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I loved Michael K. Williams in The Wire but I didn't know anything about him as a person. The news of his death last year shocked and saddened me. His memoir tells about his struggle with drug addiction, how he started as a backup dancer and eventually became an actor. His real purpose became helping the kids in his community to give them a chance to change what has become an endless cycle of black and brown kids becoming incarcerated or dying of violent crimes. He wanted to make a real difference and I think he was only getting started before he bought a drug that was laced with fentanyl and ended up losing his life. I will remember him for this work more than portraying Omar. A powerful memoir that I won't forget.
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This was a good look at the life of Michael K Williams, an actor most known for his role in the popular show The Wire.  He deals with themes of addiction, community and art as a healing tool.  I am a big fan of his, and not sure that others would want to read it if they didn't know of his work. It did encourage me to check out some of the more recent work he did, Black Market. So sad that he passed soon after finishing the book. I sort of wish that there was a chapter that talked about his death, possibly written by someone who know him well, perhaps Dana.
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Not really into the broad "celeb autobiography genre" as a concept but made an exception for this one. If nothing else, it is a small mercy that he got tell his own story in his own words.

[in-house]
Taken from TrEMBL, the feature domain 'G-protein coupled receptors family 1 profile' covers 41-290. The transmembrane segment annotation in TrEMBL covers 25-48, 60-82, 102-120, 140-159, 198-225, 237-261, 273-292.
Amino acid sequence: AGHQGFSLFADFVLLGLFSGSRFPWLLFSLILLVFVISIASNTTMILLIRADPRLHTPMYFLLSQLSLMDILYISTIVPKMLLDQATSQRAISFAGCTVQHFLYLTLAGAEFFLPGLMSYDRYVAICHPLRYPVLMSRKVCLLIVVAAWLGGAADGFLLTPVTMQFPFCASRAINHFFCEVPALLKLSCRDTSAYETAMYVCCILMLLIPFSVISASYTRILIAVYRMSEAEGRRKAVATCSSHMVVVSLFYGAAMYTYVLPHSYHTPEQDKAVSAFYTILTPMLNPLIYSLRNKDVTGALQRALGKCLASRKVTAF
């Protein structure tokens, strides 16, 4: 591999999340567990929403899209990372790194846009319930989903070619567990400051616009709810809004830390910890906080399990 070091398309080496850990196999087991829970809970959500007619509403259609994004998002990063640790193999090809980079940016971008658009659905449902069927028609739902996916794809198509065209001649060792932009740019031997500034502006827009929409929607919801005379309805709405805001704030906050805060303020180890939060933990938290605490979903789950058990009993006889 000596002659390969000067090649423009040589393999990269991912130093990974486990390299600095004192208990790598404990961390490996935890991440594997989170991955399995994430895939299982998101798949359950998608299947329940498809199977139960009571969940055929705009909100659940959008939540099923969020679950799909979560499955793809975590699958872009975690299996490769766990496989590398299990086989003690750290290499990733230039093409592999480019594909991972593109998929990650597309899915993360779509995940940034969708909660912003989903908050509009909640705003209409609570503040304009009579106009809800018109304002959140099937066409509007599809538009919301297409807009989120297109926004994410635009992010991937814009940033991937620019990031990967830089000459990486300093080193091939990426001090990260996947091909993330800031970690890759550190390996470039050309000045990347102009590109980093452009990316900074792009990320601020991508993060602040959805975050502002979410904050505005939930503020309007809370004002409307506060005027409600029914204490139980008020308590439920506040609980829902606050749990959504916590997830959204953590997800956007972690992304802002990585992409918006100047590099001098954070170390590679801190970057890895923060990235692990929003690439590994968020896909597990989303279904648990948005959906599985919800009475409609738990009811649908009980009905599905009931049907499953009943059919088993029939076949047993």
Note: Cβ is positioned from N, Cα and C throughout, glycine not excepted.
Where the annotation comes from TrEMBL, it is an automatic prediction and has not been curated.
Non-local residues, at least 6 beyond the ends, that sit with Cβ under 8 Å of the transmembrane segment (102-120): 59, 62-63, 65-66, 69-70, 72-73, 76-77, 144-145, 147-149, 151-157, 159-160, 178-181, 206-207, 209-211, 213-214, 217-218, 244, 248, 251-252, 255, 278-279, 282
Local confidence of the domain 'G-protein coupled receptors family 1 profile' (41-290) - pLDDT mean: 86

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I enjoyed what I saw of Michael K. Williams’s acting even though I’ve never seen the shows for which he was most well-known (about to remedy that--just placed a hold on my library’s copy of The Wire). I was sorry when I learned of his death, but what made me most interested in reading this book was the high praise given to Williams by Wendell Pierce, one of his former costars and someone I respect.

This memoir had been worked on for over two years when he died, and was completed by his coauthor based on their interviews. Williams struggled throughout his life to overcome his childhood and addiction, and sadly never completely succeeded. From the accounts I’ve seen, he did succeed in becoming a very good actor whose roles sometimes caused problems in his own life, and a more open and empathetic man than most.

The book is a quick, if not emotionally easy, read. I think it slows down a little near the end when dealing with his social concerns and the work he'd started doing with children and prisoners. I wish he'd had more time for what he considered his most important work.

Thanks to Crown Publishing and NetGalley for the early copy to review.
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I’d like to thank netgalley and the publisher for an advance copy in exchange for an honest review. A stunning memoir told from a man gone way too soon. Painfully truthful, he hides nothing of his drug use, family life and everything in between. Finished this book in one sitting.
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I loved Michael K. Williams in Boardwalk Empire but I didn't know anything about him as a person. The news of his death on September 6, 2021 shocked and saddened me. His memoir tells about his struggle with drug addiction, how he started as a backup dancer and eventually became an actor. His real purpose became helping the kids in his community to give them a chance to change what has become an endless cycle of black and brown kids becoming incarcerated or dying of violent crimes. He wanted to make a real difference and I think he was only getting started before he bought a drug that was laced with fentanyl and ended up losing his life. I will remember him for this work more than portraying Chalky White. 
A powerful memoir that I won't forget.